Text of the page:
"a. For $297,223.96, with costs and attorney's fees, to remedy [the Rohrboughs'] breach of their promissory note made payable to The Sharon K. Beichle Trust; "b. For $297,223.96 with costs and attorney's fees, to remedy [the Rohrboughs'] breach of their promissory note made payable to The Larry C. Beichle Trust; "c. For $594,447.92 with costs and attorney's fees, to remedy [the Rohrboughs'] breach of their promissory notes made payable to Tami and Jay Preston; "d. For $15,000.00 with costs and interest to remedy [the Rohrboughs'] fraud against Lori Blair. "e. For $54,624.15 as recovery of their attorney's fees and costs as provided in the promissory notes as the Court has granted judgment in [the appellees'] favor on the merits."
In reaching its decision, the district court specifically rejected the appellants' affirmative defenses, finding that all of the claims pled were timely and that the breach of contract claims were supported by sufficient consideration.
On appeal, the appellants claim (1) the district court applied the incorrect legal standard to the breach of contract claims, (2) the contracts that were sued upon were not supported by sufficient consideration, (3) all of the claims against them were barred by the statute of limitations, (4) the district court improperly applied the alter ego doctrine to pierce the corporate veil, and (5) there was insufficient evidence to support the district court's ruling on the fraud claim.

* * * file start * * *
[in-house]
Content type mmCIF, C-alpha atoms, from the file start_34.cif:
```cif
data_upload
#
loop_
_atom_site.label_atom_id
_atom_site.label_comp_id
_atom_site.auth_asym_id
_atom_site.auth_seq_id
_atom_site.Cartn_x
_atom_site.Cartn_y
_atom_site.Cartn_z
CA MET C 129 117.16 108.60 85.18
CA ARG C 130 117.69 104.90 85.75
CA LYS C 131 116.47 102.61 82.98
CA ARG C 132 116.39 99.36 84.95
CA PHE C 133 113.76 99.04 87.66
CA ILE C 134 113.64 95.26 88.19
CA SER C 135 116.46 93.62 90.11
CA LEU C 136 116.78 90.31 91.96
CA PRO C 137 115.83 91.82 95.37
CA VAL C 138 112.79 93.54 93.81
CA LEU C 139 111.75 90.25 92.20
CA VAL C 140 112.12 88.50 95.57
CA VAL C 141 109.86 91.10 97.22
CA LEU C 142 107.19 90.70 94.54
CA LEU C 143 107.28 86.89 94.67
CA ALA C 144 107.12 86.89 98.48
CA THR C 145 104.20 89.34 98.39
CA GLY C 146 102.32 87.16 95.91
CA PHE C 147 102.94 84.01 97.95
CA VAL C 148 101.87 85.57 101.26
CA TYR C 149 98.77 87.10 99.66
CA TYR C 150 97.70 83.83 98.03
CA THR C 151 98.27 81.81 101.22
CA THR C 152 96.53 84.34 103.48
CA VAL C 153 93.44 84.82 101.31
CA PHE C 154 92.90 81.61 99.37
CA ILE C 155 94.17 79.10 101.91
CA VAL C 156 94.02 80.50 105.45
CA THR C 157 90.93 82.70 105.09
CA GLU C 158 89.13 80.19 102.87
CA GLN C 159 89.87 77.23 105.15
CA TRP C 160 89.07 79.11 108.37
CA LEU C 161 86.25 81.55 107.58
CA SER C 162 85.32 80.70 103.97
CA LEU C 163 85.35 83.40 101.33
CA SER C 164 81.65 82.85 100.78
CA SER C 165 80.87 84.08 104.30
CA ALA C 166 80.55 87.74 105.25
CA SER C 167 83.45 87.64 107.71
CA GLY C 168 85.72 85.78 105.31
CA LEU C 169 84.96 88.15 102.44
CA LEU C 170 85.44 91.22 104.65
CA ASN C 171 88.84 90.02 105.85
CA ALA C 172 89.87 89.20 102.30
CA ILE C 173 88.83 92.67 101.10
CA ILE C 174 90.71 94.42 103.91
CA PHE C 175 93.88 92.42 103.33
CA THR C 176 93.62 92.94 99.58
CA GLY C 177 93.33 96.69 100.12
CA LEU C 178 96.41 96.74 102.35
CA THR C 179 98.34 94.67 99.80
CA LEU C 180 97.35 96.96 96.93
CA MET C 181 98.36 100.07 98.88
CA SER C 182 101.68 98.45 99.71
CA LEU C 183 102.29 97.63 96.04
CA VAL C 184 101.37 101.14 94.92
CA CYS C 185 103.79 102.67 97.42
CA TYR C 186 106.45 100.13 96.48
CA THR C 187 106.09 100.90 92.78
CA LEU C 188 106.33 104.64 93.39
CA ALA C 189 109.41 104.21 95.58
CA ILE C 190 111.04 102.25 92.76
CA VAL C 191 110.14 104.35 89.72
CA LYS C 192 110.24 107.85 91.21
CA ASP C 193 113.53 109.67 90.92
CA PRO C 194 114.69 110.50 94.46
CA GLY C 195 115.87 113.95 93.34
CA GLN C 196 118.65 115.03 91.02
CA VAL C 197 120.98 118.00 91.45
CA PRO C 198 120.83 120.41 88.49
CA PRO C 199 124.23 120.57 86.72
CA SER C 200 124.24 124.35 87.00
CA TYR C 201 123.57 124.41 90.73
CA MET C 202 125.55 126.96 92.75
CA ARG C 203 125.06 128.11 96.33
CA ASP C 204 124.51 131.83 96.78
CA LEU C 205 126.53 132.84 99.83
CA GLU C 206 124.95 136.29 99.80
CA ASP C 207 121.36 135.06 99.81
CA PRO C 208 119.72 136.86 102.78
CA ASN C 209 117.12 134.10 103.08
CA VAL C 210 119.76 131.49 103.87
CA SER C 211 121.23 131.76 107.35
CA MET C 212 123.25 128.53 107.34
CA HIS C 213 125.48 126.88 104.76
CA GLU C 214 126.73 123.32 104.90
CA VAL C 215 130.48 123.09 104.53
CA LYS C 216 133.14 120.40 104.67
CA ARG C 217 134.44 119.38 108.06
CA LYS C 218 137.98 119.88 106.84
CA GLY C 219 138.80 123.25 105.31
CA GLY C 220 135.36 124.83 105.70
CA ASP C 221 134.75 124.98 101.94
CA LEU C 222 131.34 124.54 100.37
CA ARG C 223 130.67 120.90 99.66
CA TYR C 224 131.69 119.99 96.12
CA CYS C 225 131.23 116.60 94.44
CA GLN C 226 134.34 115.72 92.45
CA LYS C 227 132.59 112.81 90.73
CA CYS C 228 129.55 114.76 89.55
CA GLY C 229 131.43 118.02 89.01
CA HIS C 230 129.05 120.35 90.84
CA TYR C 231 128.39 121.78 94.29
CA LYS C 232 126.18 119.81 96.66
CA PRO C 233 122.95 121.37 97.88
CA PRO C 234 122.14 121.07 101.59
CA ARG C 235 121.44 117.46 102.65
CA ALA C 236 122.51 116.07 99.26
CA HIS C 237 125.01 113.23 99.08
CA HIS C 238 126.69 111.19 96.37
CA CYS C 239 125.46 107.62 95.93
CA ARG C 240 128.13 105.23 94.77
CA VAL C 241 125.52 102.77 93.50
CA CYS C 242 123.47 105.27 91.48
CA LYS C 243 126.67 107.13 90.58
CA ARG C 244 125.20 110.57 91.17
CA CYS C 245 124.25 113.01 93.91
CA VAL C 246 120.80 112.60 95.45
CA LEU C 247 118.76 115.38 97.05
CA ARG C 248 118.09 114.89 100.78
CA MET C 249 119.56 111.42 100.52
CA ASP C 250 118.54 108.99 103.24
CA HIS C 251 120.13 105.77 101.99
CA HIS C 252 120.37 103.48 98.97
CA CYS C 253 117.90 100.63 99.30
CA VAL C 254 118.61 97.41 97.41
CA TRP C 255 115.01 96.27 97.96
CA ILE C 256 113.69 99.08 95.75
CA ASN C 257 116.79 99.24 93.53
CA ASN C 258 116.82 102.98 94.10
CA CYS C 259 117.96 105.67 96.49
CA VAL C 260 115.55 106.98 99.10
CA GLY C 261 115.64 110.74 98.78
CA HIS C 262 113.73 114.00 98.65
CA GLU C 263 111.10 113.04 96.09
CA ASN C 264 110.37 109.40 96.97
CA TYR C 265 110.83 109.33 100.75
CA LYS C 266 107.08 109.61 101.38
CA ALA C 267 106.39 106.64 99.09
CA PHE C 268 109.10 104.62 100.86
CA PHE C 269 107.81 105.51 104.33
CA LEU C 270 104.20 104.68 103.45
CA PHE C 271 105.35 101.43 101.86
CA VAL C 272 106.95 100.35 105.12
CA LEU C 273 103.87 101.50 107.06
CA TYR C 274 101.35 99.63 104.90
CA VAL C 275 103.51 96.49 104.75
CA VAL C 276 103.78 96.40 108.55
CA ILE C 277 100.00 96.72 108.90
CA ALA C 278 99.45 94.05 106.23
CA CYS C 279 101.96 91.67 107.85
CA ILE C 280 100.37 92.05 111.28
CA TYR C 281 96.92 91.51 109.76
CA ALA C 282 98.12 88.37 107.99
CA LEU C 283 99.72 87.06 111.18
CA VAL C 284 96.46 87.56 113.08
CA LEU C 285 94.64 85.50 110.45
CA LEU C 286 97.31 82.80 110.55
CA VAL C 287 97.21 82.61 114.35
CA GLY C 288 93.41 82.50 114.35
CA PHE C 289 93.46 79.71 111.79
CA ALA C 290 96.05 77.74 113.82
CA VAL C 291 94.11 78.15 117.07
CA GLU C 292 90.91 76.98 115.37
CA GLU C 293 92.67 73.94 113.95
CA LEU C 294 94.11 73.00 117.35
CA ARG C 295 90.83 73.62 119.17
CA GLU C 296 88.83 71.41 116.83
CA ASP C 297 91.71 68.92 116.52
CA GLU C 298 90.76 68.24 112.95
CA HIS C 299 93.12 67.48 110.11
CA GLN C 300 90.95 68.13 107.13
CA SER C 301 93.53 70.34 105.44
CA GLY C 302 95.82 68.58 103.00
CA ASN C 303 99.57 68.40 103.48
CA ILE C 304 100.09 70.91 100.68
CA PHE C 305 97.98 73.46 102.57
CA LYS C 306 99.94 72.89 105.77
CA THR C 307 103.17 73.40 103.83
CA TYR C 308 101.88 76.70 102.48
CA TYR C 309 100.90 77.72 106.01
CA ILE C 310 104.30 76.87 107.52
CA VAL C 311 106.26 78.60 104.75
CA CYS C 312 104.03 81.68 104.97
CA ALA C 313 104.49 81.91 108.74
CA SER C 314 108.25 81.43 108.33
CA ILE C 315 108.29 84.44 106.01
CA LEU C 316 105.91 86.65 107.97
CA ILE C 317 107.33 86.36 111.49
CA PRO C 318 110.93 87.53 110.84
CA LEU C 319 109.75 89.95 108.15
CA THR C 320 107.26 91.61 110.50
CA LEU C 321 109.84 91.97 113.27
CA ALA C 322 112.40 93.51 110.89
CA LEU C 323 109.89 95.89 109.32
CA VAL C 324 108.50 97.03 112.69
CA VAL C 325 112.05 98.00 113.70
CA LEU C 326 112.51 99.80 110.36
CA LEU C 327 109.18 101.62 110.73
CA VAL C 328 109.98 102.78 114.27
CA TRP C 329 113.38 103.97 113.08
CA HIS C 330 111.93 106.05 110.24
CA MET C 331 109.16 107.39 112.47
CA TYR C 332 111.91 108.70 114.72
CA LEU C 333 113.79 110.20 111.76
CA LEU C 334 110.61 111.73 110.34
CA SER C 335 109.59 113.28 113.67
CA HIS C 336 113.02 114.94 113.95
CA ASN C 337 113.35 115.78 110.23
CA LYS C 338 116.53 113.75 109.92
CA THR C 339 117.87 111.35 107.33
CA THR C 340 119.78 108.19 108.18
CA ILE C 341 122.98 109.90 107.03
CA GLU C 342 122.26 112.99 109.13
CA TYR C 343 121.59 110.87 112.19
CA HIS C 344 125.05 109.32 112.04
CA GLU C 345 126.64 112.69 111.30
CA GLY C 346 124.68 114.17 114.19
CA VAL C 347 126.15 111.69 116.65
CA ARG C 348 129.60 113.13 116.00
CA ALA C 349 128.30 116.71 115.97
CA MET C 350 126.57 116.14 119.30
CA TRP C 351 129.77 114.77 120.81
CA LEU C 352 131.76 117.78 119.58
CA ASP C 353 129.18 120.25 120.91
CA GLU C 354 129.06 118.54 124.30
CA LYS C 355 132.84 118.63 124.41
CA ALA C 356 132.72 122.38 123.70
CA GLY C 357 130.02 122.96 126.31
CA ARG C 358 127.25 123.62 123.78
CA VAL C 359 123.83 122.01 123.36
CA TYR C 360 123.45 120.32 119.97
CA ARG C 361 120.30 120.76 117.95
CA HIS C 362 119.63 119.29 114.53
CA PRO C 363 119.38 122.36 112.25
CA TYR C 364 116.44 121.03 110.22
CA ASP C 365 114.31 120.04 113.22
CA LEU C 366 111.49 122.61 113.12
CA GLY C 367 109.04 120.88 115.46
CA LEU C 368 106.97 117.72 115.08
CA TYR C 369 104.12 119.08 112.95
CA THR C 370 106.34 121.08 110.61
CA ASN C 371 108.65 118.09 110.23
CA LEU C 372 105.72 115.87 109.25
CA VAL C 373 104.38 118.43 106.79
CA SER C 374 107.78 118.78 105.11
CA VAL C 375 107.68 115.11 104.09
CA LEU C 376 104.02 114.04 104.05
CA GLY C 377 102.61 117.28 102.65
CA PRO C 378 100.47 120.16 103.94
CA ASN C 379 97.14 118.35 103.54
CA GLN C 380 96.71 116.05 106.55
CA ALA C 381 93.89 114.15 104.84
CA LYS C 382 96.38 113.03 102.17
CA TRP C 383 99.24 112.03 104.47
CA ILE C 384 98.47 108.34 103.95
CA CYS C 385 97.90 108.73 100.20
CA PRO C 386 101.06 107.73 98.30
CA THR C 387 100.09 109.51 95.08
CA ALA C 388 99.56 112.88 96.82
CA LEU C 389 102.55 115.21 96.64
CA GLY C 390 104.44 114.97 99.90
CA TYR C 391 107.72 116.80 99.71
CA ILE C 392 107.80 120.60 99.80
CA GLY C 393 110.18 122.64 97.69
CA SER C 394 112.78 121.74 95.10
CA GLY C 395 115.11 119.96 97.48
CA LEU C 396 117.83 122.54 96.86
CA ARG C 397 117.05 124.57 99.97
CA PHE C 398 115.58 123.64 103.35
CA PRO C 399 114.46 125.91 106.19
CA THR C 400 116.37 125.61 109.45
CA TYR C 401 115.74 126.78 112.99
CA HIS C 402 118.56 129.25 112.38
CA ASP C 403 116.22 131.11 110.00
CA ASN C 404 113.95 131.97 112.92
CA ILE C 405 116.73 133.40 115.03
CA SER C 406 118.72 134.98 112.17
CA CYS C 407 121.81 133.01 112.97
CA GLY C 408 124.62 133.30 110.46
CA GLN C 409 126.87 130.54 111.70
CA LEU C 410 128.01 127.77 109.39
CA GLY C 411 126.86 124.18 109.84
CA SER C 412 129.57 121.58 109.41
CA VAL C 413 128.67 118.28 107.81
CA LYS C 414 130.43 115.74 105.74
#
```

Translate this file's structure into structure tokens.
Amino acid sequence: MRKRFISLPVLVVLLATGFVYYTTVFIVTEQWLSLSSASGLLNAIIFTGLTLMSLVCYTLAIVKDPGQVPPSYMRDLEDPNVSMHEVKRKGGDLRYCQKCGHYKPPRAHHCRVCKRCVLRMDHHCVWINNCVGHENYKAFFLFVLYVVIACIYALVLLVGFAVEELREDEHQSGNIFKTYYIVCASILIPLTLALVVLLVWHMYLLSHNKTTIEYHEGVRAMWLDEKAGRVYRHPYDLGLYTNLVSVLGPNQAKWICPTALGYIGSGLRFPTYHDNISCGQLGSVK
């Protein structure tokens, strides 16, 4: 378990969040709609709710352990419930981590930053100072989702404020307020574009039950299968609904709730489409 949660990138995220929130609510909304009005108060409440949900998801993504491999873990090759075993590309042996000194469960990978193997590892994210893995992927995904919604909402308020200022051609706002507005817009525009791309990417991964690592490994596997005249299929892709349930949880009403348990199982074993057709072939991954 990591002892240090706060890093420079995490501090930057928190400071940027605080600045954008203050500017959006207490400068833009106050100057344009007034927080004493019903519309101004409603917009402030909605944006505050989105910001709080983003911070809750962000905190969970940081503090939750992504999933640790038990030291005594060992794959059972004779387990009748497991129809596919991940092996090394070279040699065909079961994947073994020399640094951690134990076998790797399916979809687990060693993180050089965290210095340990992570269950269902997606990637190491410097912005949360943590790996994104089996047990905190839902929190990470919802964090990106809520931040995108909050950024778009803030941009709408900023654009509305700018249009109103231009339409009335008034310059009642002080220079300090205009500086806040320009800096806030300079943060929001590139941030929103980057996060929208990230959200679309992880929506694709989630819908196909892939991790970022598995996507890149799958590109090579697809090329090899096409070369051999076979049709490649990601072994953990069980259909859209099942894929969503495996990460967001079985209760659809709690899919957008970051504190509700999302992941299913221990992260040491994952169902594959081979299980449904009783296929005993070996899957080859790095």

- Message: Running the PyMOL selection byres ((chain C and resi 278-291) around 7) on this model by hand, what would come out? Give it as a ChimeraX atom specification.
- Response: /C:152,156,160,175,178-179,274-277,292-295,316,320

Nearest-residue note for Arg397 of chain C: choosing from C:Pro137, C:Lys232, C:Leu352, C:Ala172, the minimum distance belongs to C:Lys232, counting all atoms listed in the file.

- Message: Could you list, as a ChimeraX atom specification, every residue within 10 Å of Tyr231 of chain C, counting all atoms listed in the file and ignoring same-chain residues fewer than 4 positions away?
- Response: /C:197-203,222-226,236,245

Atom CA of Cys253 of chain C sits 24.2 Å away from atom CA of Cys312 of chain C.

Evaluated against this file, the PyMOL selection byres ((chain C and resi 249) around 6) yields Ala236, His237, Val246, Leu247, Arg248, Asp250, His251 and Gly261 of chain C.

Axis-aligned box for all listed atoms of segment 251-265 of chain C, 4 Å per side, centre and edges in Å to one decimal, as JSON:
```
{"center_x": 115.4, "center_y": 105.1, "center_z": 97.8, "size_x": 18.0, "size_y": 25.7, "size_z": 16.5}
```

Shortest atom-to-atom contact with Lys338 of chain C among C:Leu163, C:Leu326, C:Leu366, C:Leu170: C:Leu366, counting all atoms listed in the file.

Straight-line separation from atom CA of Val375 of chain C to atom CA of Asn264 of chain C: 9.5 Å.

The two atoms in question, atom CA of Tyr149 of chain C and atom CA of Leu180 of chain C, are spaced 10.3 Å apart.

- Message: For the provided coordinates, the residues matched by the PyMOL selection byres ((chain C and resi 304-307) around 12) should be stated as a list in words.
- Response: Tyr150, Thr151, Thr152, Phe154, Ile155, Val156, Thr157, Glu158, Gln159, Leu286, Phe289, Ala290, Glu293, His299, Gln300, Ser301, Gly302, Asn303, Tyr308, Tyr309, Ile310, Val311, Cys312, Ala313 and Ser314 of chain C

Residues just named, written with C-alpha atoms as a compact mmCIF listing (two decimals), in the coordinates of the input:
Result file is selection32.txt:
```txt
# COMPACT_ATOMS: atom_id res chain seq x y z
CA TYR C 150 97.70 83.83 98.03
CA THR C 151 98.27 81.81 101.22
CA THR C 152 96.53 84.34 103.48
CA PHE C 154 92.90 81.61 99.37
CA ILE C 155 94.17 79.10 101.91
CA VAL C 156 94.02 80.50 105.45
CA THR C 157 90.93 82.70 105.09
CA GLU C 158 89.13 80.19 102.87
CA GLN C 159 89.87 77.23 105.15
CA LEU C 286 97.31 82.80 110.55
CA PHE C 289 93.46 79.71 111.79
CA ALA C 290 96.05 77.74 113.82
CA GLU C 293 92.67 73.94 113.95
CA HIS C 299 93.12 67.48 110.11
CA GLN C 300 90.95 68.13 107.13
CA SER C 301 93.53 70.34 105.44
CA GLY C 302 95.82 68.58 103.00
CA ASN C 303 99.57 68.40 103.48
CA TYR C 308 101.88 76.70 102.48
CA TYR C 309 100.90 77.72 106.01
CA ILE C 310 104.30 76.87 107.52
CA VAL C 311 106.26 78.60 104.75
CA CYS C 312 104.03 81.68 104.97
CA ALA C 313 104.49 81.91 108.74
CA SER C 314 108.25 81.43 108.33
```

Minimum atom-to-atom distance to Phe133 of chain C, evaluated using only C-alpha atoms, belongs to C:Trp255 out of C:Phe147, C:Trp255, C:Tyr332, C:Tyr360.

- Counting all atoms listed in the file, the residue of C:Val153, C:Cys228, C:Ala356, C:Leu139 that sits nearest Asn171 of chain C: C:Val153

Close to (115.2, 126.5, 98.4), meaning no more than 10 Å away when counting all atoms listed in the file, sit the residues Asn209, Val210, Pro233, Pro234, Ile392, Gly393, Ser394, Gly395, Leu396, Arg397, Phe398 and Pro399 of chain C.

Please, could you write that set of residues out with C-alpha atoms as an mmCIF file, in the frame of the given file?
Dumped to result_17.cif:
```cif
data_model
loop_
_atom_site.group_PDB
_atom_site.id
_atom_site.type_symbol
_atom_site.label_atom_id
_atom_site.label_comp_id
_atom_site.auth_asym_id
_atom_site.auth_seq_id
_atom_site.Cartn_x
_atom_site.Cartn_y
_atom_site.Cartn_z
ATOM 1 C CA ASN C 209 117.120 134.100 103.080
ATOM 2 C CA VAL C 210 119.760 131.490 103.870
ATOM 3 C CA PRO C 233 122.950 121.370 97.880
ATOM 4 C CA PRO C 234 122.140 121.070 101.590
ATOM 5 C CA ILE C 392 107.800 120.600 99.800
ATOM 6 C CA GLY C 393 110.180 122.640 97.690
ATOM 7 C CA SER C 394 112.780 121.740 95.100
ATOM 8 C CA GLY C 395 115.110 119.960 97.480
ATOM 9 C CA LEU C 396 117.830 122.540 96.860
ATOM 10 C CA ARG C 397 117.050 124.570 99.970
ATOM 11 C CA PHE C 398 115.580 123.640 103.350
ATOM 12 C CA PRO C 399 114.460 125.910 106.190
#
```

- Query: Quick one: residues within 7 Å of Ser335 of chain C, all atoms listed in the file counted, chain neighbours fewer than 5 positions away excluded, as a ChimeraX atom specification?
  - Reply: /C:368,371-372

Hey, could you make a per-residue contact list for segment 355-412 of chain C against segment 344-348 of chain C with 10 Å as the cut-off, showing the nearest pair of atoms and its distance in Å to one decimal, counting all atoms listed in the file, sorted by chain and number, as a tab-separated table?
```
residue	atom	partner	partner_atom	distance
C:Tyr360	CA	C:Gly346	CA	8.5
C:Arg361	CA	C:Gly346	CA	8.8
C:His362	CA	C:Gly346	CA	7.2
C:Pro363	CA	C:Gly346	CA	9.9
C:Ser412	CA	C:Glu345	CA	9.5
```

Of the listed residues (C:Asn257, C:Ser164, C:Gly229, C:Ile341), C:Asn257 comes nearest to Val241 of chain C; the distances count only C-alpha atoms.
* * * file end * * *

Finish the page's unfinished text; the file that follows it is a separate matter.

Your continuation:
1. Legal standard for breach of contract claim
The appellants argue the district court improperly relied on principles of securities law to enter judgment in favor of the appellees on their common-law breach of contract claims. Whether a district court applied the correct legal standard is a question of law and is therefore subject to unlimited appellate review. Harrison v. Tauheed, 292 Kan. 663, 672, 256 P.3d 851 (2011).
In Kansas, a claim for breach of contract requires: "(1) the existence of a contract between the parties; (2) sufficient consideration to support the contract; (3) the plaintiff's performance or willingness to perform in compliance with the contract; (4) the defendant's breach of the contract; and (5) damages to the plaintiff caused by the breach." Stechschulte v. Jennings, 297 Kan. 2, 23, 298 P.3d 1083 (2013).